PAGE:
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September 27 , 2013

Reviews of the Week

Renowned American magazine Stereophile is thrilled by the box set Selected Signs - Music selected for the exhibition ECM - A Cultural Archaeology at Haus der Kunst Munich

Like many things musical, what is fundamentally icky in the wrong hands can, in the right hands, become art of exceptional, original beauty; a breathtaking achievement – like ‘Selected Signs’. Intended to serve as mini-soundtracks for the rooms of the exhibition ‘ECM – a Cultural Archeology’ [...] the soundtracks are, of course, the work of ECM’s founder and unstoppable force, Manfred Eicher. If Eicher did not keep coming up with amazing works of art such as this six-CD boxed set which spans classical, jazz, and world music, a well-worn theme here at Stereophile – thAt Eicher has a special genius, a singular vision and drive – would not bear repeating. Here, in gloriously rich, detailed, alive sound, selected bits of the ECM catalog are stitched together to make ‘Selected Signs’ a remarkable, if lofty tour through the ECM universe, courtesy of the eyes and ears that created it. [...] The idea here is simple, but hugely rewarding to the musically adventurous: from track to track, it’s mirrors facing mirrors mirroRs, prisms tellingly turning, new colors and ideas emerging from fresh juxtapositions. This is sequencing – now almost a lost art, in this age of buying and listening to individual tracks – taken to a whole new level. [...] At any time in the history of the music business, few label heads would, or more critically, coUld sit down and thoughtfully compile programs of music from their back catalogs that sire new meanings and contrasting relevance. Ultimately, the success of ‘Selected Signs’ lies in Manfred Eicher’s affinity for bold, exacting music.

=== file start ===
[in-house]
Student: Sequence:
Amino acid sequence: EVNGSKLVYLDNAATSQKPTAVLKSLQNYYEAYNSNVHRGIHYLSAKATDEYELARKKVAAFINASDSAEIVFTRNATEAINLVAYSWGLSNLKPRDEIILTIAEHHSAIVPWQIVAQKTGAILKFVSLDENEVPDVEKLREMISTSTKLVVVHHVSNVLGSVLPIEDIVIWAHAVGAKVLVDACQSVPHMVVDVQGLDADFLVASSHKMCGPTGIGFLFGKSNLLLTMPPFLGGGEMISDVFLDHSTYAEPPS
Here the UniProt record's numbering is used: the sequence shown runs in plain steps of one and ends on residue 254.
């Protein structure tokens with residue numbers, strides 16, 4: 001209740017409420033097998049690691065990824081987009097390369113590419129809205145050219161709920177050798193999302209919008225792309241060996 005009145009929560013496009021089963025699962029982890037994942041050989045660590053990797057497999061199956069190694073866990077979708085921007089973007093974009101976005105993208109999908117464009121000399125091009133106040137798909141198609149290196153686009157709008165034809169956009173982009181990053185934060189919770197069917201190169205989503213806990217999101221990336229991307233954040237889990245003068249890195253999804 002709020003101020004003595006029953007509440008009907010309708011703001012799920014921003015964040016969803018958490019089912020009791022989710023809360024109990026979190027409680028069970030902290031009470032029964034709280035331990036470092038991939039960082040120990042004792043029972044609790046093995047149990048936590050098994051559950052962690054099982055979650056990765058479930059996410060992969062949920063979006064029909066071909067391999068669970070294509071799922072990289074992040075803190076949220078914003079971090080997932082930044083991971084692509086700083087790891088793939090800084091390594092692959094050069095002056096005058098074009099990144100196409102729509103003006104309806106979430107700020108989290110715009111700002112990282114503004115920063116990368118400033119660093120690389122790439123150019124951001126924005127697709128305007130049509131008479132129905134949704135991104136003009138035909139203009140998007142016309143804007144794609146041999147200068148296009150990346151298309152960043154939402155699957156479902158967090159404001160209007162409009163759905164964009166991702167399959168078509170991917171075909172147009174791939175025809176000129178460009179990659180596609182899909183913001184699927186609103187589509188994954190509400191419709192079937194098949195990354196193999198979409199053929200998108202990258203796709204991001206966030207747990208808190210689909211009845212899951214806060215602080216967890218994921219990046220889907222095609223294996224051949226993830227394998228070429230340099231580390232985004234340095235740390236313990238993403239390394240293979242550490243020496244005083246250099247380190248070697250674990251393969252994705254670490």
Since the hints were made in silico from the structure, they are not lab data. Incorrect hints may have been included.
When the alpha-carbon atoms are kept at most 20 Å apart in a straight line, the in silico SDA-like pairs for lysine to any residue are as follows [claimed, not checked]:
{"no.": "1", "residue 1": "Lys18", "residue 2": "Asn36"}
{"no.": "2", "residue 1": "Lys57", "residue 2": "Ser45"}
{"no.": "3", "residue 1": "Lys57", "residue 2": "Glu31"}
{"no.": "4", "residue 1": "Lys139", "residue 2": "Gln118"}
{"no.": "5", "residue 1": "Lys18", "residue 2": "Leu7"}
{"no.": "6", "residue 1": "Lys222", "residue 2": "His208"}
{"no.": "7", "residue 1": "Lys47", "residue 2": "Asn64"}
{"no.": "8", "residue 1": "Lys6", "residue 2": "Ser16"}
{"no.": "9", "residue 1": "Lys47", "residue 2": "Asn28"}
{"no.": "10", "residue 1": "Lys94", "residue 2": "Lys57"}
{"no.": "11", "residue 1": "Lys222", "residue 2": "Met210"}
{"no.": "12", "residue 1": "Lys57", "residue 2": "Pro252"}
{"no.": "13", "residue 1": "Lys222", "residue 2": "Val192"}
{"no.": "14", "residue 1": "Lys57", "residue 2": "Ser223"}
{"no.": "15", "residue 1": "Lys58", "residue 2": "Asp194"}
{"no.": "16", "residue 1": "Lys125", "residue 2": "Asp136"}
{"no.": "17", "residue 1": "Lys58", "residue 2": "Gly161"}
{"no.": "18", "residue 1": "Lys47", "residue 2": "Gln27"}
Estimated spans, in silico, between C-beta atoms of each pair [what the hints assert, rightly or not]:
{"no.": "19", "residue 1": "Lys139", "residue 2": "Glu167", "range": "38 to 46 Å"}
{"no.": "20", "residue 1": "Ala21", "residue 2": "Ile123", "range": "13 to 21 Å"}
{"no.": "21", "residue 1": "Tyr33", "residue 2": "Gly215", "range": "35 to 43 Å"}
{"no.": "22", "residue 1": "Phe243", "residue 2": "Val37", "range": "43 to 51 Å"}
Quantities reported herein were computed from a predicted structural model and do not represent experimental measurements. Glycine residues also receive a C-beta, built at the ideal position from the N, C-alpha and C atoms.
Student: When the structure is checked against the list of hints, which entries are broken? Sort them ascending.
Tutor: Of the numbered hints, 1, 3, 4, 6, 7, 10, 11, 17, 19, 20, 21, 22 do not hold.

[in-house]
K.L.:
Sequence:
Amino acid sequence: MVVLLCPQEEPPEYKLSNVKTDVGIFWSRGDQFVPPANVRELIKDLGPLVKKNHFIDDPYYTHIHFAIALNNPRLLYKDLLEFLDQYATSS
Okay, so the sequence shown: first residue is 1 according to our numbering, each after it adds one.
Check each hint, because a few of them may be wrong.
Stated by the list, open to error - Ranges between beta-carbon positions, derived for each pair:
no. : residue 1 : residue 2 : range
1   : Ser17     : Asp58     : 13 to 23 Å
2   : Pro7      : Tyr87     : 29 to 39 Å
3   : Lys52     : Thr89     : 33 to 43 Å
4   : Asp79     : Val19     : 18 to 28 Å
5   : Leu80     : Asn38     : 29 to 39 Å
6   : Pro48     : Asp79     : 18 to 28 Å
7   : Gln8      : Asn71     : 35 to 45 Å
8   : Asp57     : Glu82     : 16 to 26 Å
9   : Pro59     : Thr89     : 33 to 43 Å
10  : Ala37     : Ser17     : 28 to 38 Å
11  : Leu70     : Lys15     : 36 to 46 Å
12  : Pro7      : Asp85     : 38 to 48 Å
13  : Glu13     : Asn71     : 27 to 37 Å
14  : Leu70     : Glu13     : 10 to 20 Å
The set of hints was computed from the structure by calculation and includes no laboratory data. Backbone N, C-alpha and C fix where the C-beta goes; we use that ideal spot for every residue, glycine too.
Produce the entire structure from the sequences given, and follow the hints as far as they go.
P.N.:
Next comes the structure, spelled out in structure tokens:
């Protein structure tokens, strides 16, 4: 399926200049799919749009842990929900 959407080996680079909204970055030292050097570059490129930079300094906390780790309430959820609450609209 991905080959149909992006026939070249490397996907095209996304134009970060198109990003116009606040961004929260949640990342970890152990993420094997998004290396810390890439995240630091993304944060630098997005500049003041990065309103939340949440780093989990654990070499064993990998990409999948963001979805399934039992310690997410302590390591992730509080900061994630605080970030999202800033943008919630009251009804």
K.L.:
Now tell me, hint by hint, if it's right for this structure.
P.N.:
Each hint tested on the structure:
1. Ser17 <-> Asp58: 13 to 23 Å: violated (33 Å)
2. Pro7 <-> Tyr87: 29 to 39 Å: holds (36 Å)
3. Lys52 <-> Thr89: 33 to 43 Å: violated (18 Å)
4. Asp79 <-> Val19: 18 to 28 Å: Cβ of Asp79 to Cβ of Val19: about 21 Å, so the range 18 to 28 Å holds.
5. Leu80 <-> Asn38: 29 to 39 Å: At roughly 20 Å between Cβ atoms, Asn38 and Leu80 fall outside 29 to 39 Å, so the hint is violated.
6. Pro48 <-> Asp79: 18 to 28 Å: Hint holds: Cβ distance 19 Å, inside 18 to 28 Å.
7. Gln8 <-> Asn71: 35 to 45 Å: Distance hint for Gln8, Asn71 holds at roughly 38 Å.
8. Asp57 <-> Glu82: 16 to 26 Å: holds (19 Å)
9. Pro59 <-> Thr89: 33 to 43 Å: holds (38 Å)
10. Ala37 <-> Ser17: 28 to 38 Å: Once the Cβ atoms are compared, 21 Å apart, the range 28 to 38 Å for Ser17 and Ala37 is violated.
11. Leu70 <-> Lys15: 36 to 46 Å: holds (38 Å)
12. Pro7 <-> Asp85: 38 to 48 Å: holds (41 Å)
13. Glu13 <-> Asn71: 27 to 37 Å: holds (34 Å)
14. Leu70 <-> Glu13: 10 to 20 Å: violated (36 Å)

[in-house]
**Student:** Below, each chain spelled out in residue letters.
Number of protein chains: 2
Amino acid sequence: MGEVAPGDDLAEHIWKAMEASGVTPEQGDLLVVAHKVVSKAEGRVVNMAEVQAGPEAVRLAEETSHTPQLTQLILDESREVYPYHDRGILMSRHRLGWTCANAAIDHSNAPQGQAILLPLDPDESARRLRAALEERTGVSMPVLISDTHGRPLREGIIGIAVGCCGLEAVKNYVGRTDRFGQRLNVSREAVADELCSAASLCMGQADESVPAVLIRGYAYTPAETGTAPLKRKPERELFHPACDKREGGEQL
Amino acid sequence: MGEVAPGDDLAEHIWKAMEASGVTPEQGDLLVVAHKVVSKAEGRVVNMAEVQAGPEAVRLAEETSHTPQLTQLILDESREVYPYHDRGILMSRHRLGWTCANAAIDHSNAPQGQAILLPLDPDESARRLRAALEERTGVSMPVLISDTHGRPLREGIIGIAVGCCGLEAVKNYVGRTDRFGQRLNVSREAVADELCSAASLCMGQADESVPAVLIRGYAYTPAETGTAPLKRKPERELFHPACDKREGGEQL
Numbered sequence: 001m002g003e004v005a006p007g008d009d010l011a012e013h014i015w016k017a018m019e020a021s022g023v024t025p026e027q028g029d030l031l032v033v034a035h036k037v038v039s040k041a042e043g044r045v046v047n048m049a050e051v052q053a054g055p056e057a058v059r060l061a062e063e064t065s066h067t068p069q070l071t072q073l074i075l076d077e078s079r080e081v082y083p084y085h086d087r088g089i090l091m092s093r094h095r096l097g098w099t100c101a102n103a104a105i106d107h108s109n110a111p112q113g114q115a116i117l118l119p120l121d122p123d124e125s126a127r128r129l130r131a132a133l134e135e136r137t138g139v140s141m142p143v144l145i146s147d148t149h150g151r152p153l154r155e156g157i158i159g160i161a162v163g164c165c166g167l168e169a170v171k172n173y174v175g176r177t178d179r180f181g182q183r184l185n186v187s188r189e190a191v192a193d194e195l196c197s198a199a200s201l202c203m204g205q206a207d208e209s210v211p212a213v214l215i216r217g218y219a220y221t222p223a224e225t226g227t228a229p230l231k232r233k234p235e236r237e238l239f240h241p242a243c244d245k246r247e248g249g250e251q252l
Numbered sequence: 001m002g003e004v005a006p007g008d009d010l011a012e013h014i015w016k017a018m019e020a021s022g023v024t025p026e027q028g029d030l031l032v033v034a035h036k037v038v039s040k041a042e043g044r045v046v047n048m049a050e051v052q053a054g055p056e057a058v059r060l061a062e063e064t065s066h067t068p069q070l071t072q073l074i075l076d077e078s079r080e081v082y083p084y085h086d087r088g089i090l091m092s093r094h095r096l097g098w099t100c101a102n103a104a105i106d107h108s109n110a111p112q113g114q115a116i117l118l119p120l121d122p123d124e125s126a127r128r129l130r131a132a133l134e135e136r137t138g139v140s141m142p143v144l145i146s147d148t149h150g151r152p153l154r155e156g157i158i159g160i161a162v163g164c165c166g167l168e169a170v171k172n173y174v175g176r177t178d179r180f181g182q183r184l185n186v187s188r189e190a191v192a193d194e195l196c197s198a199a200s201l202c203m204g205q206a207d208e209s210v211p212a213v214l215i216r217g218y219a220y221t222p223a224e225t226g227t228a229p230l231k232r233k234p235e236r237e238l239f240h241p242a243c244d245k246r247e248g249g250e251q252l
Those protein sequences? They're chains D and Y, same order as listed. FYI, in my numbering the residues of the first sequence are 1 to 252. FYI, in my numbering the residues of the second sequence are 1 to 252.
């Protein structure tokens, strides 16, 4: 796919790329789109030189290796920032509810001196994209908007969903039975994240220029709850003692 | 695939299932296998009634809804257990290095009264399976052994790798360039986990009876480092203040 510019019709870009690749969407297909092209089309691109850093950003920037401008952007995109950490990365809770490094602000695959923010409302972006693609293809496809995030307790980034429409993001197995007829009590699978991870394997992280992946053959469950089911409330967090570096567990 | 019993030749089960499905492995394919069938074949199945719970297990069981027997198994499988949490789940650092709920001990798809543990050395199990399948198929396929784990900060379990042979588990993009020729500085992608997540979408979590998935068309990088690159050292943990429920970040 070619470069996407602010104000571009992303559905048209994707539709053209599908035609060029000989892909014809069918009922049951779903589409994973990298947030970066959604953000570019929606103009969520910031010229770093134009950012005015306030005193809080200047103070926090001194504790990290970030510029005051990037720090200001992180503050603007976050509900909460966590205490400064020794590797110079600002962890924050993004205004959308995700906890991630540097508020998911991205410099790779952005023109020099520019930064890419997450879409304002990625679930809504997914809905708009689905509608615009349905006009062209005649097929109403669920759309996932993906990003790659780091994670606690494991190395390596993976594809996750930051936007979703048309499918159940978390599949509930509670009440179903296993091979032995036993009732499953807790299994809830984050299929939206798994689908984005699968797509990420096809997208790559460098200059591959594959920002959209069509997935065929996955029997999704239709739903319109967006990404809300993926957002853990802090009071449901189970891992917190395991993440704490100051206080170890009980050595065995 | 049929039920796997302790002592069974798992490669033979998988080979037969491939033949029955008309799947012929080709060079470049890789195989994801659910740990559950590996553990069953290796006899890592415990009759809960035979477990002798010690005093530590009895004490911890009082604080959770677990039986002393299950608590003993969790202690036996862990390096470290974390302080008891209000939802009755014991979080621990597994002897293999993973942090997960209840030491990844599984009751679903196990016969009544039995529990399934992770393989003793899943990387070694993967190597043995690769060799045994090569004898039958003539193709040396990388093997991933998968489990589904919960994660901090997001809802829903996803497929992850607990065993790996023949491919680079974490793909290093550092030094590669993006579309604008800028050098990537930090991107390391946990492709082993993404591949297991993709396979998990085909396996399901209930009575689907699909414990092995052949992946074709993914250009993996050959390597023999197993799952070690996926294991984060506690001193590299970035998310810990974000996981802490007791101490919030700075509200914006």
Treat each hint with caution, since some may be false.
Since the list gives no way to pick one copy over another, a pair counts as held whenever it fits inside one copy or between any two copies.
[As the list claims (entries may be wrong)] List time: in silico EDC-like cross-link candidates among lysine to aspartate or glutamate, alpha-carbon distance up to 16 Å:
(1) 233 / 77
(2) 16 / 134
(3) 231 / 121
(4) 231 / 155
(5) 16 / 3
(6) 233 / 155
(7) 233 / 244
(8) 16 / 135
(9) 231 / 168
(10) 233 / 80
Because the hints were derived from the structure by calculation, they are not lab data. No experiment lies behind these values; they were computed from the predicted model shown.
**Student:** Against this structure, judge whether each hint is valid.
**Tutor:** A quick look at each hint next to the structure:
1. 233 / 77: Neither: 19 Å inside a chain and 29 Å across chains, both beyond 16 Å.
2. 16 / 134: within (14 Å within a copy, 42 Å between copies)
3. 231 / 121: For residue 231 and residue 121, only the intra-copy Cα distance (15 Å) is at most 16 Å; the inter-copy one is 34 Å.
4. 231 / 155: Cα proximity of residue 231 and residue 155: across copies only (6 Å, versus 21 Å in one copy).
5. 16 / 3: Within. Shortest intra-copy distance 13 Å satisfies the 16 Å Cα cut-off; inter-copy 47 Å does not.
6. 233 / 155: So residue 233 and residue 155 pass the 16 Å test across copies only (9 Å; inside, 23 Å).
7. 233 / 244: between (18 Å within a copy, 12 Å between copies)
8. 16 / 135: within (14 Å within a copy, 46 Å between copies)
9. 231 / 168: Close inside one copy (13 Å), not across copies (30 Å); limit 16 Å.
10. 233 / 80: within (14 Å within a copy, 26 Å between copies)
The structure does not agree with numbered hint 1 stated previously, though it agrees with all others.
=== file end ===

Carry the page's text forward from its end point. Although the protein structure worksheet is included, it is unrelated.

Robert Baird, Stereophile

The interplay of Kayhan Kalhor and Erdal Erzincan on Kullah Kuluk Yakişir Mi amazes UK reviewers

Nine years ago the Iranian kamancheh master Kayhan Kalhor and the Turkish baglama master Erdal Erzincan produced a fascinating collaborative CD entitled ‘The Wind’, to which this is the equally interesting sequel. The kamancheh is a spike-fiddle, the baglama a deep-toned lute, and they meld vividly. Kalhor’s background is in Western classical music as well as its Persian equivalent; Erzincan’s background is strictly Turkish, but he has chosen to finger-pick rather than use a plectrum, which leads to a mUch more flexible sound. They deliver traditional songs, and improvise with eloquent force.
Michael Church, The Scotsman

Precious little Persian classical music is available to roots enthusiasts in the West who are eager to improve their knowledge of Iran’s culture. In typical enterprising fashion, ECM has seen fit to record an intimate concert between two master musicians who, while emanating from two distinct cultures, are nonetheless linked by a shared border and a shared heritage that extends here to a musical métissage.[...] Pieces vary between traditionally-inspired and improvised numbers, but seam effortlessly into a cohesive whole. .[...] ECM certainly deserve credit for having the courage to put out this ambitious release and it fits comfortably into their continued support for world roots artists who would not otherwise gain a spotlight for themselves.